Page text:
The Connective tissue massage corresponds to a reflex therapy that triggers a response in the organs, in the musculoskeletal system and in the skin via the cuti-visceral reflex arc. After a tactile finding, the therapist works the connective tissue with tangential stimuli. The connective tissue massage fulfills therapeutic and diagnostic functions.
As a rule, the actual massage begins with working on the pelvic region. Later, the work steps are devoted to the whole back and finally also include the stomach.
Connective tissue massage is a subcutaneous reflex therapy that was launched in 1929 by the physiotherapist E. Dicke. At the time, she suffered from a disability that could have required a leg amputation.
She treated her severe back pain by stroking her sacrum and iliac crest firmly. She then felt it tingling and stinging in her sick leg, even though the extremity was actually clinically numb. From this experience, Dicke developed the massage technique. The basic assumption of the method is the observation that diseases of the internal organs cause tension differences in the connective tissue of the subcutaneous tissue. These differences in tension are felt and removed by the masseur.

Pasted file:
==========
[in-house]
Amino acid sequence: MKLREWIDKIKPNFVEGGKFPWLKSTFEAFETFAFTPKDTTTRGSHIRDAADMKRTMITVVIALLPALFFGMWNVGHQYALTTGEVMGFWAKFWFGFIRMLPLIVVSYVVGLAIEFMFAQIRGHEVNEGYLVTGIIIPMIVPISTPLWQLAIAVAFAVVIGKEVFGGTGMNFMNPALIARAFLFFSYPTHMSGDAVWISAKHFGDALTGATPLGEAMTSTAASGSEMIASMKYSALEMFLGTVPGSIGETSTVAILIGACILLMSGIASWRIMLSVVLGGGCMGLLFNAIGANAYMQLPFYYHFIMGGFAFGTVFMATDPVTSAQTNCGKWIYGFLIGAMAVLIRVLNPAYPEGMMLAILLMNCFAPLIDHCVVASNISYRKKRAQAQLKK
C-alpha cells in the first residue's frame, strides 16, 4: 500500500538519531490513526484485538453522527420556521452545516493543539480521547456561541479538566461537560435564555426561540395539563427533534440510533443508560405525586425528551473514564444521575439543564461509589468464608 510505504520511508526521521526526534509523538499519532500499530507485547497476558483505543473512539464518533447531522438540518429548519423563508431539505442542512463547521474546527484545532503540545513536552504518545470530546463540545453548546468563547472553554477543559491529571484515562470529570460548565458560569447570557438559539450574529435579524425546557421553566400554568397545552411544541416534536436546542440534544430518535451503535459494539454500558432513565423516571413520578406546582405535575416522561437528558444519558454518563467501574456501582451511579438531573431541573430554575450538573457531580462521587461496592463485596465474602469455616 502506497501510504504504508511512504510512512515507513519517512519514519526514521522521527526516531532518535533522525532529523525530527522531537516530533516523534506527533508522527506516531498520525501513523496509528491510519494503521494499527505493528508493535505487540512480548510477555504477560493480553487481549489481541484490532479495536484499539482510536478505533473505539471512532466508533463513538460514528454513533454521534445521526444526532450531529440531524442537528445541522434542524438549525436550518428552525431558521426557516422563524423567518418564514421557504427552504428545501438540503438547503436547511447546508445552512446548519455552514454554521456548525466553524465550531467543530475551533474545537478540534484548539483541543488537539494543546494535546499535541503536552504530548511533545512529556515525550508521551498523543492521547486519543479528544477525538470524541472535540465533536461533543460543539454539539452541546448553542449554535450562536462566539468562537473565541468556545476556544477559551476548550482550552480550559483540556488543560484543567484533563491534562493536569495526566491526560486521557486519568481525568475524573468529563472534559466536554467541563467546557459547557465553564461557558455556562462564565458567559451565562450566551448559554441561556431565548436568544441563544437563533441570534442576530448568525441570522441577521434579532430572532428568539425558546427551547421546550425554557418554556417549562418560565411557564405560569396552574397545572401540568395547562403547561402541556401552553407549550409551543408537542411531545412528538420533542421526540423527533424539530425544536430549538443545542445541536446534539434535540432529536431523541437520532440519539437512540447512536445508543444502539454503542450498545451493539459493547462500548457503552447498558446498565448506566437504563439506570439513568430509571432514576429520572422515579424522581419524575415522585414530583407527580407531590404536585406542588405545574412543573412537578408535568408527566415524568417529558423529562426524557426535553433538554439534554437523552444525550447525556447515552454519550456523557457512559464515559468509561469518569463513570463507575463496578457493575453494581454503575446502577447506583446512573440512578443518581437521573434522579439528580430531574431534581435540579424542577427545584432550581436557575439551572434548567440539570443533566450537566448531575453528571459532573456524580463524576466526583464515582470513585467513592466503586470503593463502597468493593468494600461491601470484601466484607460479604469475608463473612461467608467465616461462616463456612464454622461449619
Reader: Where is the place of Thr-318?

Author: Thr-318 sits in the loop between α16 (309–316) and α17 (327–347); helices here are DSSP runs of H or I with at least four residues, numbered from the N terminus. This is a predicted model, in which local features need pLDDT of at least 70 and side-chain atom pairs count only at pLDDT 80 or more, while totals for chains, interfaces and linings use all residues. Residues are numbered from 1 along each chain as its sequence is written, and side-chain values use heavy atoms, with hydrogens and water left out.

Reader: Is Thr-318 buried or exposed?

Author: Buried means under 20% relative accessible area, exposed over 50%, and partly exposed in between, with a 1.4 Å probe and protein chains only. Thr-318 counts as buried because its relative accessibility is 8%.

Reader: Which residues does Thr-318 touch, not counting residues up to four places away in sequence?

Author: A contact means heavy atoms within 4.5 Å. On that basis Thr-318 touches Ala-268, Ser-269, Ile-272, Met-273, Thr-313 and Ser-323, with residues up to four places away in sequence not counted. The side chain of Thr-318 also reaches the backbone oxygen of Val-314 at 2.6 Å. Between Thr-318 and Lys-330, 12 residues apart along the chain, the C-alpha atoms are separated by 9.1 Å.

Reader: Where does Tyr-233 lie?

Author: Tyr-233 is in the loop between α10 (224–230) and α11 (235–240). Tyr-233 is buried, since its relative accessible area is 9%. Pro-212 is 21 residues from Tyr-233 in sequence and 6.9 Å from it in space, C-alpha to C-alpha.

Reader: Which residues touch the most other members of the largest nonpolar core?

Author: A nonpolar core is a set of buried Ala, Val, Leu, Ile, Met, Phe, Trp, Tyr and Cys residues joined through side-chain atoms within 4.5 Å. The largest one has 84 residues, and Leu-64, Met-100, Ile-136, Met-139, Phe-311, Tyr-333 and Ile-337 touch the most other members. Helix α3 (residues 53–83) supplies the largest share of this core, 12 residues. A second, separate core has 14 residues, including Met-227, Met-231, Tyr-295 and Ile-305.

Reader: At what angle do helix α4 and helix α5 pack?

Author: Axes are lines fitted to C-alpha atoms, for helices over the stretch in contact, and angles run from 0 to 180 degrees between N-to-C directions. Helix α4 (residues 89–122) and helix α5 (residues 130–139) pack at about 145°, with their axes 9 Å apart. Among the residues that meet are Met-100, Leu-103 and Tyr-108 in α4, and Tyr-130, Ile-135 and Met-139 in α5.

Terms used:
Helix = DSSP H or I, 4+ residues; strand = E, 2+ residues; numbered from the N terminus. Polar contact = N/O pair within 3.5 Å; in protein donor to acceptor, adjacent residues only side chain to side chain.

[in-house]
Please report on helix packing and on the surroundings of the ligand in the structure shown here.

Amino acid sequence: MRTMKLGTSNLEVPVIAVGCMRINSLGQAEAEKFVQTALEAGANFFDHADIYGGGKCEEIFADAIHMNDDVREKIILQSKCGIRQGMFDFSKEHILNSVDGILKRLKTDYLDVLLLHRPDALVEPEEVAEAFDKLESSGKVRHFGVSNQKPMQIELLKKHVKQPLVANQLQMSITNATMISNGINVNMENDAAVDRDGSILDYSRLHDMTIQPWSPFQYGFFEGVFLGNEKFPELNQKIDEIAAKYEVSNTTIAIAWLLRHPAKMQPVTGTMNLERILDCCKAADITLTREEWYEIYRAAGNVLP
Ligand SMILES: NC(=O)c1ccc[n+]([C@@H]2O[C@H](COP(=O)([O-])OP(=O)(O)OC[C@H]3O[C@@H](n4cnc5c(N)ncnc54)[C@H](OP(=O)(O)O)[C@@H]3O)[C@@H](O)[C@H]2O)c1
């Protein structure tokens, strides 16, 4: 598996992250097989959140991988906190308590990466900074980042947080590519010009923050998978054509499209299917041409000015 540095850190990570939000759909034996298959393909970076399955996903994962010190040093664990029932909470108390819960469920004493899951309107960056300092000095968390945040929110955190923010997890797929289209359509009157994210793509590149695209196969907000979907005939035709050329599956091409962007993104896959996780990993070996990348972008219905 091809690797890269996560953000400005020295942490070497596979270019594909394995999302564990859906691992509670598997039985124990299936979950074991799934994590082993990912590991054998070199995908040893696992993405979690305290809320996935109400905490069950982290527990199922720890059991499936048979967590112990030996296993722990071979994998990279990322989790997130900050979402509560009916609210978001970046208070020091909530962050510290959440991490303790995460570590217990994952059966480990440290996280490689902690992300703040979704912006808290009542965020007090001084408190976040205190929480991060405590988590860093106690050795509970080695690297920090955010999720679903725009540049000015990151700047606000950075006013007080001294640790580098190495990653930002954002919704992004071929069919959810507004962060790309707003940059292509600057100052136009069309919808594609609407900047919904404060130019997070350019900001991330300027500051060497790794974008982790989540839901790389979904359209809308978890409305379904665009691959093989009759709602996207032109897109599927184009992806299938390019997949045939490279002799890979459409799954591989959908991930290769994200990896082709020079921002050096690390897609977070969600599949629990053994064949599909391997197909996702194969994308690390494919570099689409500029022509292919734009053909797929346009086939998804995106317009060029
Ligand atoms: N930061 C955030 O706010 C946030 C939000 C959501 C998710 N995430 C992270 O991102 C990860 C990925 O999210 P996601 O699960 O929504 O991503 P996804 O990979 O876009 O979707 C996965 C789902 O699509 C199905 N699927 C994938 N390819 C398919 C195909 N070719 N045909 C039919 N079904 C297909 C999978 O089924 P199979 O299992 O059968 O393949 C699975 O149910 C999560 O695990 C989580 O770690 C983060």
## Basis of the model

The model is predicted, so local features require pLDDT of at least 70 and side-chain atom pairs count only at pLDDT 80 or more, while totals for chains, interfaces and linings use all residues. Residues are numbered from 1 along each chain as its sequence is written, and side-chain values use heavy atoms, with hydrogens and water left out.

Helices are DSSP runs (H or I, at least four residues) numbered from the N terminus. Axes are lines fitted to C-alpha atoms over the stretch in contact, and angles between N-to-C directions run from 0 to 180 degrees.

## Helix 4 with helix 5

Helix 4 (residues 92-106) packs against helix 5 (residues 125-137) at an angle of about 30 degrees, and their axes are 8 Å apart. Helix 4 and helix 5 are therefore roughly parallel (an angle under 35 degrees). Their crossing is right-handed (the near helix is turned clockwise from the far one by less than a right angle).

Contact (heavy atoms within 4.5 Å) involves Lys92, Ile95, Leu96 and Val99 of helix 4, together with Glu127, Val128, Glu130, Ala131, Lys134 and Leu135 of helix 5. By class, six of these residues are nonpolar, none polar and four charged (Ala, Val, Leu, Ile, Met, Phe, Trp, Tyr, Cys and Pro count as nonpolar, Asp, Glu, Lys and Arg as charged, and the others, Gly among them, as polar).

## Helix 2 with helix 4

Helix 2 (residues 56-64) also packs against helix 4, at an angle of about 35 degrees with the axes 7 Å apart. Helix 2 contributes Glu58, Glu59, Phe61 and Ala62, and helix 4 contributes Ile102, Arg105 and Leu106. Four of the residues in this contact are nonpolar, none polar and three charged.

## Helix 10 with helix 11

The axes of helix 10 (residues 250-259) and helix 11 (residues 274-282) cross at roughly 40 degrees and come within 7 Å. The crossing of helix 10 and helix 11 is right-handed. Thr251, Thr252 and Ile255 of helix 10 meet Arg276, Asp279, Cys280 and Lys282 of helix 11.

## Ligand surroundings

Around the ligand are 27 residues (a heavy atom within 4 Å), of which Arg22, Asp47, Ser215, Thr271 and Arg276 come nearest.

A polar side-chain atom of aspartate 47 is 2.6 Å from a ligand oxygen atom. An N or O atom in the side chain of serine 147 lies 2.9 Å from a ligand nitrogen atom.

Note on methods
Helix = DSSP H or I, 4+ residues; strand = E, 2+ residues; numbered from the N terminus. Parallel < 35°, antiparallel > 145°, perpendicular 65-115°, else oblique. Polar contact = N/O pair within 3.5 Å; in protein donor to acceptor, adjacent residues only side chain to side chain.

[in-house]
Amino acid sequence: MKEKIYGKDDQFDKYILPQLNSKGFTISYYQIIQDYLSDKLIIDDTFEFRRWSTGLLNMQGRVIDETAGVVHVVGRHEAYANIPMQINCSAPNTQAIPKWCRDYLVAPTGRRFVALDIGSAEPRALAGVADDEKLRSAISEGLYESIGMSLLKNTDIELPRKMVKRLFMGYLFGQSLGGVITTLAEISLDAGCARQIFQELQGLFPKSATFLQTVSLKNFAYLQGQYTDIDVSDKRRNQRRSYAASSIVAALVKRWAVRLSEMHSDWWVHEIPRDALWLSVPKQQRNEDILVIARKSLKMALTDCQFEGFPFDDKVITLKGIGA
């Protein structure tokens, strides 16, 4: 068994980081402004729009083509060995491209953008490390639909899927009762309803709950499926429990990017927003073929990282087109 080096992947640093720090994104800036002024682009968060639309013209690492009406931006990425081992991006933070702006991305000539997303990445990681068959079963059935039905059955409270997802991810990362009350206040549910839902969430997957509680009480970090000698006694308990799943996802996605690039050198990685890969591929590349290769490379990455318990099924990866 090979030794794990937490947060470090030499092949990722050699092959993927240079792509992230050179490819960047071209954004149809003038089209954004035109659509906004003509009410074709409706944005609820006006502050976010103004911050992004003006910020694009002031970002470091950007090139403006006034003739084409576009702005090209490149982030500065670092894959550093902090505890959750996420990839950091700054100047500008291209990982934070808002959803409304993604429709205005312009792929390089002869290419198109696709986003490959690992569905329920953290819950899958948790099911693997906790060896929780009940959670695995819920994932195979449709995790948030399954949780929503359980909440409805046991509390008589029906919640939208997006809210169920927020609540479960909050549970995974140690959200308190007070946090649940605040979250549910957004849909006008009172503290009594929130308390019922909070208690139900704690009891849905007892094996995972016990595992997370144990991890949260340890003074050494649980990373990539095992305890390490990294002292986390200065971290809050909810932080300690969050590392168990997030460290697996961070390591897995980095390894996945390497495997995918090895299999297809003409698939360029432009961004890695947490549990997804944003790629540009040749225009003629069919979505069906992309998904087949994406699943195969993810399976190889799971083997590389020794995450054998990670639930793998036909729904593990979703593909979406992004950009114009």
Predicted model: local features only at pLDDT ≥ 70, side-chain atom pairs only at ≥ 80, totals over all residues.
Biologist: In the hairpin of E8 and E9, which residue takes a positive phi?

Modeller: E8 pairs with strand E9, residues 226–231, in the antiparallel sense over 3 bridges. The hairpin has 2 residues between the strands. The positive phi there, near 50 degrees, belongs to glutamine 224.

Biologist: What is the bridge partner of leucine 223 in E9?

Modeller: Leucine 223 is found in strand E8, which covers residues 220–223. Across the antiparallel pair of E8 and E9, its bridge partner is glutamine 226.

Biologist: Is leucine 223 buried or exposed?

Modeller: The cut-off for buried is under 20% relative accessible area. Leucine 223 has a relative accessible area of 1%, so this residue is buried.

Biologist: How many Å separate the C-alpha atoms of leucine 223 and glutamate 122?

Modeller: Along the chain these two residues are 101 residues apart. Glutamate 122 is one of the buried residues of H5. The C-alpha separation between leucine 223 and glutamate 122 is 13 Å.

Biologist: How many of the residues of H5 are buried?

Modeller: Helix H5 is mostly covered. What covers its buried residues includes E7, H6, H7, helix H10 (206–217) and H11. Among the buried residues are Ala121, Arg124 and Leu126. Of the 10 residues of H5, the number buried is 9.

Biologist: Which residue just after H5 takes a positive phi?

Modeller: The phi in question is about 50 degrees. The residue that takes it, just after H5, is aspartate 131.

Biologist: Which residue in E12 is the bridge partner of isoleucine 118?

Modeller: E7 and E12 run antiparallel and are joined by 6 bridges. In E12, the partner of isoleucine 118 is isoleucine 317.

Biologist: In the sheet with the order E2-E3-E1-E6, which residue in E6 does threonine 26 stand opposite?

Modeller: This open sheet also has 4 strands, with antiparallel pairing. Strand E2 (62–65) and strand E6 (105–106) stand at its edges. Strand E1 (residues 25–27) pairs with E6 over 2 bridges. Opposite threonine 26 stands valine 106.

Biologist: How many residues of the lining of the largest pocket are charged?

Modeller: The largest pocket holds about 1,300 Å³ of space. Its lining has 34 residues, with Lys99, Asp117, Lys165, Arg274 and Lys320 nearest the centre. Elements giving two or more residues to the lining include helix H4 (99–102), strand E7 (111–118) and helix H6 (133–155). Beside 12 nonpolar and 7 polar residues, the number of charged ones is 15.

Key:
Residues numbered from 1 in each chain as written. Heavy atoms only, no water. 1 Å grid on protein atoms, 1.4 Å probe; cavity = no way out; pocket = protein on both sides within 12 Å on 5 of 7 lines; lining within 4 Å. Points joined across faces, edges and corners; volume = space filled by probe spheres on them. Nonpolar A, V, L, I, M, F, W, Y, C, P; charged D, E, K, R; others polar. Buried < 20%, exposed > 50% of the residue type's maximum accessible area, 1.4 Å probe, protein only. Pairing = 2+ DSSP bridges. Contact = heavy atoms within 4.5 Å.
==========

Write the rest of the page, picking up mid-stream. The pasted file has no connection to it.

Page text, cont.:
Manual stimulation therapy works with tangential tensile stimuli. In this procedure, the skin technique meets the subcutaneous technique and the fascia technique. The treated zones trigger a reflex reaction of the organs, the musculoskeletal system and the skin via the cuti-visceral reflex arc. The best-known sub-form of connective tissue massage is segment massage. Connective tissue massage fulfills both diagnostic and therapeutic purposes clinically.
The basis of every connective tissue massage is a tactile finding in the tissue. The therapist must assess the fluid content of the tissue, identify any rheumatoid nodules in the subcutaneous tissue and identify any differences in tension in the muscles.
The tactile findings can be, for example, subcutaneous turgor changes, adhesions, sensory disorders or scar disorders. After the diagnosis, the therapist stimulates the affected areas with a special massage technique that is intended to balance the tension. The connective tissue massage not only affects the local tissue, but also reaches remote areas such as organs and organ functions. As a rule, the massage is performed twice or three times a week.
Each session lasts around ten to 15 minutes. Various complaints respond particularly well to the massage technique. The most important indications for connective tissue massage include inflammation-related gastrointestinal disorders and inflammation-related liver or biliary problems. Other types of pain should also be positively influenced by the massage, such as migraines or menstrual cramps. In rheumatic diseases, the massage technique relieves joint pain. In the field of cardiovascular diseases and vascular diseases, the connective tissue massage can have a positive effect on non-inflammatory venous disorders such as varicose veins in addition to circulatory disorders in the legs.